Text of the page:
Earthquake damage from a previous New Madrid Fault quake.
Move over California. The San Andreas fault ain’t the only game in town. Beginning June 24, the New Madrid Fault – the seismic zone that runs under the Mighty Mississippi and the Wabash River Valleys – is showing signs of life. In a 24 hour period, fourteen earthquakes mostly centered in Tennessee rumbled through the area and reminded all of us that the San Andreas might be locked and loaded, but the largest earthquakes to hit the continuous 48 states came from southern Missouri.
Note the location of these quakes in relation to the actual fault line.
As it happens, this writer is a resident of the New Madrid seismic zone and can testify that small quakes and tremors happen with a fair amount of regularity. Normally, they do not cause much damage, but the last larger one did damage an aging overpass (it is currently being replaced) and in higher buildings, items have been known to fall off shelves. In the image below, earthquakes indicated by red circle is what we in the midwestern river valleys have seen in the last 43 years.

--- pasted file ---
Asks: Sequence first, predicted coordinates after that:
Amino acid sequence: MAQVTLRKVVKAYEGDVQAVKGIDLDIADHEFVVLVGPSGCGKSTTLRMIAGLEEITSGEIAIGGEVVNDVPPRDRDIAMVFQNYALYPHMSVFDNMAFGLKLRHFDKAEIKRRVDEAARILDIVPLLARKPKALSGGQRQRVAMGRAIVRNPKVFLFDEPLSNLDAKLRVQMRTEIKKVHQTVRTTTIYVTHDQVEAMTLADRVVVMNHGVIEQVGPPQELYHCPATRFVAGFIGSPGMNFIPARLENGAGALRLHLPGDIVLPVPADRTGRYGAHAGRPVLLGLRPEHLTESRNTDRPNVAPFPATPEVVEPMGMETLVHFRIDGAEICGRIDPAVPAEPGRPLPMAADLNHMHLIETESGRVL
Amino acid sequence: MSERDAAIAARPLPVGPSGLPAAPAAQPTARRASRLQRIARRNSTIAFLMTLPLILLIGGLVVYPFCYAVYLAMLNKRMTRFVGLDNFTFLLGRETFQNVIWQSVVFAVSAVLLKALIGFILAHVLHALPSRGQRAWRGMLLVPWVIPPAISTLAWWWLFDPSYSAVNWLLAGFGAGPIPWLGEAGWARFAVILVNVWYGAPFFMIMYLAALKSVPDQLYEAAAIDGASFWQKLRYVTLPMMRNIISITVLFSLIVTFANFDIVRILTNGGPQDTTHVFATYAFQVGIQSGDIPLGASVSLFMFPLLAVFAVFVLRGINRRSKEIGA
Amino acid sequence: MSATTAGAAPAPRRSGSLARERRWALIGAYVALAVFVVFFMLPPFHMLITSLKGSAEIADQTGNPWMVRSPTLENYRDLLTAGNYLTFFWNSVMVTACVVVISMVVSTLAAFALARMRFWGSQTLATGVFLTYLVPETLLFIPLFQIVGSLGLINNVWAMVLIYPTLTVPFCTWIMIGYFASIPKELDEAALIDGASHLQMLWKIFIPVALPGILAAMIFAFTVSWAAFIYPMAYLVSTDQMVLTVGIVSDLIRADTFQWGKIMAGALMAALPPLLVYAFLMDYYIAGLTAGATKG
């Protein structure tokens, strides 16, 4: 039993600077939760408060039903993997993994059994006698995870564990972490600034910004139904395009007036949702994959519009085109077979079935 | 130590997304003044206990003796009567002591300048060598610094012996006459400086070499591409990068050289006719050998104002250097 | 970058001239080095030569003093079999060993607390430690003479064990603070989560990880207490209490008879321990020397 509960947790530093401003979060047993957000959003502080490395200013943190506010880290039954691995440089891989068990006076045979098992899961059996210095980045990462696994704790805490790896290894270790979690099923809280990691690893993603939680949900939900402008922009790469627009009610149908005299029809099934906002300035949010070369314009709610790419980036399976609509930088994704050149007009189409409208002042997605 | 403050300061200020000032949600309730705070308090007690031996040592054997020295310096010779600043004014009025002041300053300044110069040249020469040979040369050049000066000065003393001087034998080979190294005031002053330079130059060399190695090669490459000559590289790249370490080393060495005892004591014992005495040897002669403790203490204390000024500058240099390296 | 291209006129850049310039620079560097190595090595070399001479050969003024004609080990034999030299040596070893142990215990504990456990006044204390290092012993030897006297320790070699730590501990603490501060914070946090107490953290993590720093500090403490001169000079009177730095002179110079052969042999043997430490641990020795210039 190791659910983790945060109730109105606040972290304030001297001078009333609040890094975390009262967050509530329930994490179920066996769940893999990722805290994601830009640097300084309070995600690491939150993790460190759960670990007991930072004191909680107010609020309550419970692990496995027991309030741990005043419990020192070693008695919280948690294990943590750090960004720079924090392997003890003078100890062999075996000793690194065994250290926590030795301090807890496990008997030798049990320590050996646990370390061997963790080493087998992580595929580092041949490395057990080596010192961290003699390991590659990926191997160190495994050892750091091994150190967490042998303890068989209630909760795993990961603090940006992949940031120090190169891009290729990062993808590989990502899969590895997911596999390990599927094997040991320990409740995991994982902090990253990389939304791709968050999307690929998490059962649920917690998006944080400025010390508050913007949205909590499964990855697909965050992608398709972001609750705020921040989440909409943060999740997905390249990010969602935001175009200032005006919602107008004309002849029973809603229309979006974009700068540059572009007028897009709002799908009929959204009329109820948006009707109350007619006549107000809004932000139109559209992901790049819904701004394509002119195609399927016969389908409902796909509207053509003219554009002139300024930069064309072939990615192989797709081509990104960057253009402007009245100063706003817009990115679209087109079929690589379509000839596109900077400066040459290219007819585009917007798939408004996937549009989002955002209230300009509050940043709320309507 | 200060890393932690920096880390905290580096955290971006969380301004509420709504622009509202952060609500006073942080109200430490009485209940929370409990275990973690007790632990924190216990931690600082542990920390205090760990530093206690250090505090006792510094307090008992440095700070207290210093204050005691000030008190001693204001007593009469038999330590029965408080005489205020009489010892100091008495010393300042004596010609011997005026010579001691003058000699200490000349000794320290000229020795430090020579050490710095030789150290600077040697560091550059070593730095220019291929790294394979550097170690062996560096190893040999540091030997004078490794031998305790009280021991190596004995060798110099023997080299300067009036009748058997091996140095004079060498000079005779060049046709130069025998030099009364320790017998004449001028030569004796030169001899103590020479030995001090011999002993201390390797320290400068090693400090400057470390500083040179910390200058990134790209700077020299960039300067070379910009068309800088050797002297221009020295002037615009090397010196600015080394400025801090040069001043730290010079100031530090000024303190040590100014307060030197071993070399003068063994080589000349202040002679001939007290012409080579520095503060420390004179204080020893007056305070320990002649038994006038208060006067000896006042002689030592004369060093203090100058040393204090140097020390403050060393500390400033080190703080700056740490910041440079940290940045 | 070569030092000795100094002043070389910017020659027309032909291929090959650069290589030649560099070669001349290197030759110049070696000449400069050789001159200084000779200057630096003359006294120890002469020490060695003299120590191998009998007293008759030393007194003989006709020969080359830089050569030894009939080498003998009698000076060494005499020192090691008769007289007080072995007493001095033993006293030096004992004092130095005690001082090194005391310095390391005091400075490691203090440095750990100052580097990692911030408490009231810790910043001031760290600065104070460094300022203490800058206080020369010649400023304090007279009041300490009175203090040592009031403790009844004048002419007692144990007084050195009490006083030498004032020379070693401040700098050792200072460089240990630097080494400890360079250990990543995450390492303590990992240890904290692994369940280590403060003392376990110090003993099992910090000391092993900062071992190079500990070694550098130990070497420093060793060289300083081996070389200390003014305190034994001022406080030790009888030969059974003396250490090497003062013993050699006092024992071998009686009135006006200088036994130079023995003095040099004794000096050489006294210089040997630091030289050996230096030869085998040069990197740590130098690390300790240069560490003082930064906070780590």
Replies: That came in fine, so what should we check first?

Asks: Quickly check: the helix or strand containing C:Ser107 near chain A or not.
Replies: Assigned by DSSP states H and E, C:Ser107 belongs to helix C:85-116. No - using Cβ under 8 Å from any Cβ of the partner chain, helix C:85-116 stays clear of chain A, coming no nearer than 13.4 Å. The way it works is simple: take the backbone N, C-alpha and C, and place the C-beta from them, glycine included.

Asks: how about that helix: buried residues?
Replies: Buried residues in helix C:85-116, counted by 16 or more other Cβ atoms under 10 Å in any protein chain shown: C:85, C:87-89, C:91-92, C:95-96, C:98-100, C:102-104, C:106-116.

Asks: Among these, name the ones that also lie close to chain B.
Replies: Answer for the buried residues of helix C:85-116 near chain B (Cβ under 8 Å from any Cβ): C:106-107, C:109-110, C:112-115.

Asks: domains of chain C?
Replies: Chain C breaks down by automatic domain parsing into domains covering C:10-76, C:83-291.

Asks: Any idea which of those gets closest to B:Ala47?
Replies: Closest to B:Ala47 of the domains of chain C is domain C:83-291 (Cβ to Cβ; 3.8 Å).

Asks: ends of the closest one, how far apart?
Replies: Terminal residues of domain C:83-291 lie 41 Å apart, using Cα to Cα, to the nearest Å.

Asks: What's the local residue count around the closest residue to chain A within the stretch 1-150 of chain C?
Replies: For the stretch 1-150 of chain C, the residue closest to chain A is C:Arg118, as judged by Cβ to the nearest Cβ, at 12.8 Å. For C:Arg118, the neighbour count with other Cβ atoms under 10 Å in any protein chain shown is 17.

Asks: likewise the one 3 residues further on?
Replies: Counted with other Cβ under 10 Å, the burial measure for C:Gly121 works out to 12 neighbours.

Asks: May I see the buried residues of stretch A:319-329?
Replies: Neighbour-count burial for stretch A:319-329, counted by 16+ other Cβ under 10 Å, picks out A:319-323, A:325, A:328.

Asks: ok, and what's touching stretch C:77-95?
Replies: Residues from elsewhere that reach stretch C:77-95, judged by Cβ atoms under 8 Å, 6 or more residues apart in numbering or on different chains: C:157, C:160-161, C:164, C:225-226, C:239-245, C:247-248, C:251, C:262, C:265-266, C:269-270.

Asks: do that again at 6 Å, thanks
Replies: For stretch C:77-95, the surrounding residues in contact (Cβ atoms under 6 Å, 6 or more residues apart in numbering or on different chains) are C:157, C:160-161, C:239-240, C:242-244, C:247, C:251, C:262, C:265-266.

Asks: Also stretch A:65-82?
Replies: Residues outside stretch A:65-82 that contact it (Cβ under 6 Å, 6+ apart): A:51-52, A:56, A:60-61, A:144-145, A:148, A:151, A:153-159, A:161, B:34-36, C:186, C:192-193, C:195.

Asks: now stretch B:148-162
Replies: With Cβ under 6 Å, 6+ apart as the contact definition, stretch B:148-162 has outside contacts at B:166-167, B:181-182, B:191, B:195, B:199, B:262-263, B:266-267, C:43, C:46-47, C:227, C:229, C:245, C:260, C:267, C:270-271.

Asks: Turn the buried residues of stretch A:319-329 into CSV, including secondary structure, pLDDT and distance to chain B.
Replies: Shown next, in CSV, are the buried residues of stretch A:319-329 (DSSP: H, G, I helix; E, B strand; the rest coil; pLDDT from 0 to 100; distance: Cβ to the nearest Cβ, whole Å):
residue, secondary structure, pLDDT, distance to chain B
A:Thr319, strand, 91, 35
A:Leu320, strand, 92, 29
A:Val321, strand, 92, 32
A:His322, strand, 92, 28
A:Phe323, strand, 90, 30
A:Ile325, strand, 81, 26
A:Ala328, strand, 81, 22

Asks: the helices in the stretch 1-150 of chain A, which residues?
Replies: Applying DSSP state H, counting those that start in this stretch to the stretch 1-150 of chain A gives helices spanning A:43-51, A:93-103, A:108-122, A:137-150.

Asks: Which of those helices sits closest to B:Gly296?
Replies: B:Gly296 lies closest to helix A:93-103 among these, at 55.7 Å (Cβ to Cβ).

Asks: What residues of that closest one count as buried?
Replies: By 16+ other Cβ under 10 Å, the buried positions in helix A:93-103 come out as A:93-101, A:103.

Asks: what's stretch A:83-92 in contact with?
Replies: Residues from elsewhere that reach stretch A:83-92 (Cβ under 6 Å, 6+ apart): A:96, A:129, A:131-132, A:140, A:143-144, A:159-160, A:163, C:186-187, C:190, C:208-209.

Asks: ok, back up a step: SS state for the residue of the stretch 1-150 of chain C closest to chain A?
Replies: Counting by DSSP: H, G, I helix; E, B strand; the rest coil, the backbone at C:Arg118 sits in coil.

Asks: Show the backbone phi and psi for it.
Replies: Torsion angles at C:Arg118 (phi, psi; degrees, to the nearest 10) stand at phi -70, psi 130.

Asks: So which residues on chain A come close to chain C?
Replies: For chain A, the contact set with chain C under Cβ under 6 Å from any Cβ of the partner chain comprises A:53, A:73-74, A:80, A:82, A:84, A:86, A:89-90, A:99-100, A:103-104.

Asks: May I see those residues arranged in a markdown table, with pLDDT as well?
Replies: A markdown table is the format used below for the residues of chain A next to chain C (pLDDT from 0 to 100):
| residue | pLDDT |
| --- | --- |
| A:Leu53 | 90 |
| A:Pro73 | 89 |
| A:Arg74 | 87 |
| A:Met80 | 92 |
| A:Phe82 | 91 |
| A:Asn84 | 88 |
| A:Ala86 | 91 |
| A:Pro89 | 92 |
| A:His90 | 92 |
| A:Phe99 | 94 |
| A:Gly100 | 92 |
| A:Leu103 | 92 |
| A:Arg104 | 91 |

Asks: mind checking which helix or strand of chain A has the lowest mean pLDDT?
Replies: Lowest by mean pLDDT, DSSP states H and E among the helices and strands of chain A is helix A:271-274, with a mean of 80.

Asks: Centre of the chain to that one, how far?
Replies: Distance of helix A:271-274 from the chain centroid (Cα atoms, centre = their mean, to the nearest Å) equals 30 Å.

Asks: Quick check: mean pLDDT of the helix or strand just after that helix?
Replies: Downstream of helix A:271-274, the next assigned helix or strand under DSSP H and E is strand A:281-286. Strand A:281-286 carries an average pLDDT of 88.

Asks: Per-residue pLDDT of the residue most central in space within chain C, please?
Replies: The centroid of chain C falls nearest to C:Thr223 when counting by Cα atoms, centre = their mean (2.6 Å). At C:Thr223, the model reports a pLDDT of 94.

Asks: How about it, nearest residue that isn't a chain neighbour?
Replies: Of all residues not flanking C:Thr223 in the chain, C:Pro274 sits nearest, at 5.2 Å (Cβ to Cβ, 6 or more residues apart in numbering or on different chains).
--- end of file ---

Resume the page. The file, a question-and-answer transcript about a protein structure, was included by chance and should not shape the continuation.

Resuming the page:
There are historical accounts of major earthquakes in the New Madrid region during 1811-12. The geologic record of pre-1811 earthquakes also reveals that the New Madrid seismic zone has repeatedly produced sequences of major earthquakes, including several of magnitude 7 to 8, over the past 4,500 years. These prehistoric earthquakes caused severe and widespread ground failures in the New Madrid region, much like those caused by the 1811-12 earthquake sequence. The key evidence for large earthquakes that occurred in the past are sand blows that formed when under¬ground sand and water erupted to the surface as a result of violent shaking. Numerous large sand blows over a wide area were created by strong ground shaking during the 1811-12 earthquakes. Similarly large, widespread, and abundant prehistoric sand blows were produced over the same area during ground shaking from previous clusters of large earthquakes around A.D. 1450, A.D. 900, and 2350 B.C. The sizes and areal distribution of the prehistoric sand blows indicate that the older earthquakes were similar in location and magnitude to the 1811-12 shocks.
Just to put it plain: the 1812 quake changed the course of the Mississippi River.
Despite the rhetoric within the geology community that maybe the New Madrid Fault is dying, the truth is that all the small quakes and tremors could be signs of either pressure relieving or pre-cursors to THE BIG ONE. One way or another, the fault is still very active…and we in the Mississippi River Valley don’t know when it will strike again.